The Museum of Zoology was officially established by Gioacchino Murat, as evidenced by the commemorative plaque at the entrance, with a decree of 18 February 1813. The structure had as its first Director Luigi Petagna, professor at the chair of Zoology, who, to the existing finds, added the zoological ones of the Bourbon Museum, of the large private museum of Giuseppe Saverio Poli (purchased at a cost of 15,000 ducats), of the collection of Giosuè Sangiovanni, destined to succeed him in the direction of the Museum.
Among the first existing finds, the skeleton, still present in the Salone Maggiore, of the famous Elephant of Portici, a male Indian elephant (Elephas maximus) that Carlo di Borbone obtained in 1742 from the Ottoman Turkish sultan Mohammed V in exchange for tables of fine marble. The animal became a notable attraction at the time and was kept in the Royal Palace of Portici where thousands of people went to see it, paying a tip to the soldier who guarded it. He survived until 1756, possibly dying from incorrect nutrition. When he died prematurely, the famous popular saying, also quoted by Benedetto Croce, originated: “Caporà, è mmuort ‘l’alifante!” (“Corporal, the elephant is dead!”), indicating the end of a favorable situation.
The Museum of Zoology of Naples is an important institution in the cultural system of the Neapolitan city, which is due to the foresight and passion of Luigi Petagna (and his successors to the direction), who, as a doctor, consecrated himself with commitment and dedication also to the study of natural sciences and provided the museum he founded with many important collections, which is part of the Museum Center of Natural and Physical Sciences of the Federico II University and which today can boast, among other things, a vast collection of vertebrates, in which there is no shortage of specimens of great historical and scientific interest, such as those of numerous species now extinct, i.e. the lunate clawed wallaby (Onychogalea lunata) and the Norfolk dove (Gallicolumba norfolciensis).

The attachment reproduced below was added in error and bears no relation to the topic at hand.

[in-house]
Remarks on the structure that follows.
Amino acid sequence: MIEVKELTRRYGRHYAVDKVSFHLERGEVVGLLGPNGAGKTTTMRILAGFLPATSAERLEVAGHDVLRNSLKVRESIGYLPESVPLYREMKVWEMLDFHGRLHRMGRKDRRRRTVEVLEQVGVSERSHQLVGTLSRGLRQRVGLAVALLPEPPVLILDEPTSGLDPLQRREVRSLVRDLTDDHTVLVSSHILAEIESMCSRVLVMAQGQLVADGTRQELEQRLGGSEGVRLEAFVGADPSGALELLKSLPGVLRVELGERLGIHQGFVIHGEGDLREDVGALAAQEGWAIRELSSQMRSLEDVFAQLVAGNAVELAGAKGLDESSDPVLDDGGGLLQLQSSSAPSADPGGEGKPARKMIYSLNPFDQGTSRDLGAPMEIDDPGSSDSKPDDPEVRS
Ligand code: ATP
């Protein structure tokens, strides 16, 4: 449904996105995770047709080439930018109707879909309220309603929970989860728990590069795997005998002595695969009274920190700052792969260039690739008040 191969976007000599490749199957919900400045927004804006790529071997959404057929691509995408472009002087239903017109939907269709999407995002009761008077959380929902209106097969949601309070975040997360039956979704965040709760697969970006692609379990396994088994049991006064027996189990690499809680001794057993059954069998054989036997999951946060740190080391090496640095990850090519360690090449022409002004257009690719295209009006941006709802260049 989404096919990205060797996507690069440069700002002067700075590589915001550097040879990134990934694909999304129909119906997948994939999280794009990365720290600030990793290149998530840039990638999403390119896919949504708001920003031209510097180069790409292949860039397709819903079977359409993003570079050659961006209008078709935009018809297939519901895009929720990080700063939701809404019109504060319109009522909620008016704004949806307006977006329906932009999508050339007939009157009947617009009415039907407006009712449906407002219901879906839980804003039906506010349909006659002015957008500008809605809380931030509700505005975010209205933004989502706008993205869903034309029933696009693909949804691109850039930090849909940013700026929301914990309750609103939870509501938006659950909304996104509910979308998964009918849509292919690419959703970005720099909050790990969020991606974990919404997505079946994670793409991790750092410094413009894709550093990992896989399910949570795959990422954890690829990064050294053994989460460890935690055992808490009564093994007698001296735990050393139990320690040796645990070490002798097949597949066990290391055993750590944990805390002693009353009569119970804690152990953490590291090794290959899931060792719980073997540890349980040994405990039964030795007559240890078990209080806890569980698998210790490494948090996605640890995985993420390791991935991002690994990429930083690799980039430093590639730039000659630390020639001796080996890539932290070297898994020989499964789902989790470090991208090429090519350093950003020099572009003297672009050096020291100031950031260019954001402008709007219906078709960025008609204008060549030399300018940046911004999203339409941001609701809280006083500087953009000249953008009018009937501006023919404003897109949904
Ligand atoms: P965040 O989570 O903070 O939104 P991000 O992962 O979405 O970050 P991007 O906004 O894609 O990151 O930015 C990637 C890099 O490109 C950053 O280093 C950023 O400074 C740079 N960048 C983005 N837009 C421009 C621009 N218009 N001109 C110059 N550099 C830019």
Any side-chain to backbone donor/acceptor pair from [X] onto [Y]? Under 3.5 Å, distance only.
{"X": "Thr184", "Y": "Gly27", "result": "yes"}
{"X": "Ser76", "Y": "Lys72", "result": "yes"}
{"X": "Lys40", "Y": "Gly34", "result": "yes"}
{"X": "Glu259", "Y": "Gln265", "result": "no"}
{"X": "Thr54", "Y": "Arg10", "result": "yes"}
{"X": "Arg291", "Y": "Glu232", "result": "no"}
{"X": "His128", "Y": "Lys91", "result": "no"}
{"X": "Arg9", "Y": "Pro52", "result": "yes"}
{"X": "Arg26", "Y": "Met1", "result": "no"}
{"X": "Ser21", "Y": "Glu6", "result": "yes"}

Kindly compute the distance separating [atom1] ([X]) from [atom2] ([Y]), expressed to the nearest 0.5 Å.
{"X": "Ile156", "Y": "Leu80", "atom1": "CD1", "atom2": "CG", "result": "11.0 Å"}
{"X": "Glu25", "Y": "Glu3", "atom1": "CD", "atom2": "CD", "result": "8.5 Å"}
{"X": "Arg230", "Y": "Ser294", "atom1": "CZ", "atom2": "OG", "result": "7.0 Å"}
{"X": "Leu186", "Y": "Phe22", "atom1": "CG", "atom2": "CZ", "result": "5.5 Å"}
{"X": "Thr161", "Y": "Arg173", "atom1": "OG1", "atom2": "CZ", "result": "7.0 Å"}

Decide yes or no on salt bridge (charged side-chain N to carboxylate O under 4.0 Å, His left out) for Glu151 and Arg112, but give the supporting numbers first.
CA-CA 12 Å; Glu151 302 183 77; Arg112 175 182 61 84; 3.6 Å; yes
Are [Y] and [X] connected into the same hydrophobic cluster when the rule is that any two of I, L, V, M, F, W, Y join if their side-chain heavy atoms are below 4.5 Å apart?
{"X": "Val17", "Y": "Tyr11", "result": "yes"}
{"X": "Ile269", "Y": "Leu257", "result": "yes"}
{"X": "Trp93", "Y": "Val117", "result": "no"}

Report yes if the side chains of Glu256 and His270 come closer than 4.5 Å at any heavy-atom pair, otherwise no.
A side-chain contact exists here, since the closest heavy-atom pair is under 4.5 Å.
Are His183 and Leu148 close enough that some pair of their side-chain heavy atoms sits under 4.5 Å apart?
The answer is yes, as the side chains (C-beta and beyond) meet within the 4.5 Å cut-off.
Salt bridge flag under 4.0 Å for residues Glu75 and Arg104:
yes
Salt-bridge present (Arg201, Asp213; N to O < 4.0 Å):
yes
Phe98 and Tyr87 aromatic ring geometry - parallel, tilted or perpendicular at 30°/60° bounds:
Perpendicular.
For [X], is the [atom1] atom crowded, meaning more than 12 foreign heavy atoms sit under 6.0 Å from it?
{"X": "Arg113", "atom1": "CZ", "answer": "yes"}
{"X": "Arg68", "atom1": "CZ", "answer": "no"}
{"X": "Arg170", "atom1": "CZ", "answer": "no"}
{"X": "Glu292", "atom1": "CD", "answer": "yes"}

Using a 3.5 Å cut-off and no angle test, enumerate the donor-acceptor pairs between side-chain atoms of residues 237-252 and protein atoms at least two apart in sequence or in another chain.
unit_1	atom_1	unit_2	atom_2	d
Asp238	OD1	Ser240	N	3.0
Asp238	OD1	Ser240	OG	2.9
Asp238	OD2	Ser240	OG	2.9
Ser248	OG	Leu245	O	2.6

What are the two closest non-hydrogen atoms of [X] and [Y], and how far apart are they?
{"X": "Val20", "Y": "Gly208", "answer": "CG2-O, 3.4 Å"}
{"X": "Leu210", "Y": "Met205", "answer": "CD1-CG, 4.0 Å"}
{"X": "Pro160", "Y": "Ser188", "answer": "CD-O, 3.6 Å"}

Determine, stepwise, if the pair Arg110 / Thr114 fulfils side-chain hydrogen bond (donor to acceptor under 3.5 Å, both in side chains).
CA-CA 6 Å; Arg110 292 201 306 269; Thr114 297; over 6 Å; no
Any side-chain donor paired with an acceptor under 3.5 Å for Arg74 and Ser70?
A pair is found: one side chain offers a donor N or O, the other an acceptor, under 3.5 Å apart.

It is a collection built with patience and wisdom over a history spanning more than two hundred years, not without dramatic episodes, especially during the Second World War, during which many artifacts were destroyed or stolen, when the premises of the museum they were temporarily requisitioned and assigned to the headquarters of a detachment of Anglo-Canadian troops.
The exhibits kept are tangible evidence of the scientific research of the past, its methods, its discoveries and represent the precious pieces of a mosaic that describes the evolution of scientific knowledge.
Above all, these finds are also the material testimony of the ancient teaching methods, as can be seen from the archive documents, in which purchases of collections are reported as an aid to university lectures. Finally, they are also the material testimony of the human and scientific commitment of the scientists who have collected and studied them personally, as well as those who have committed themselves to preserving them for future generations.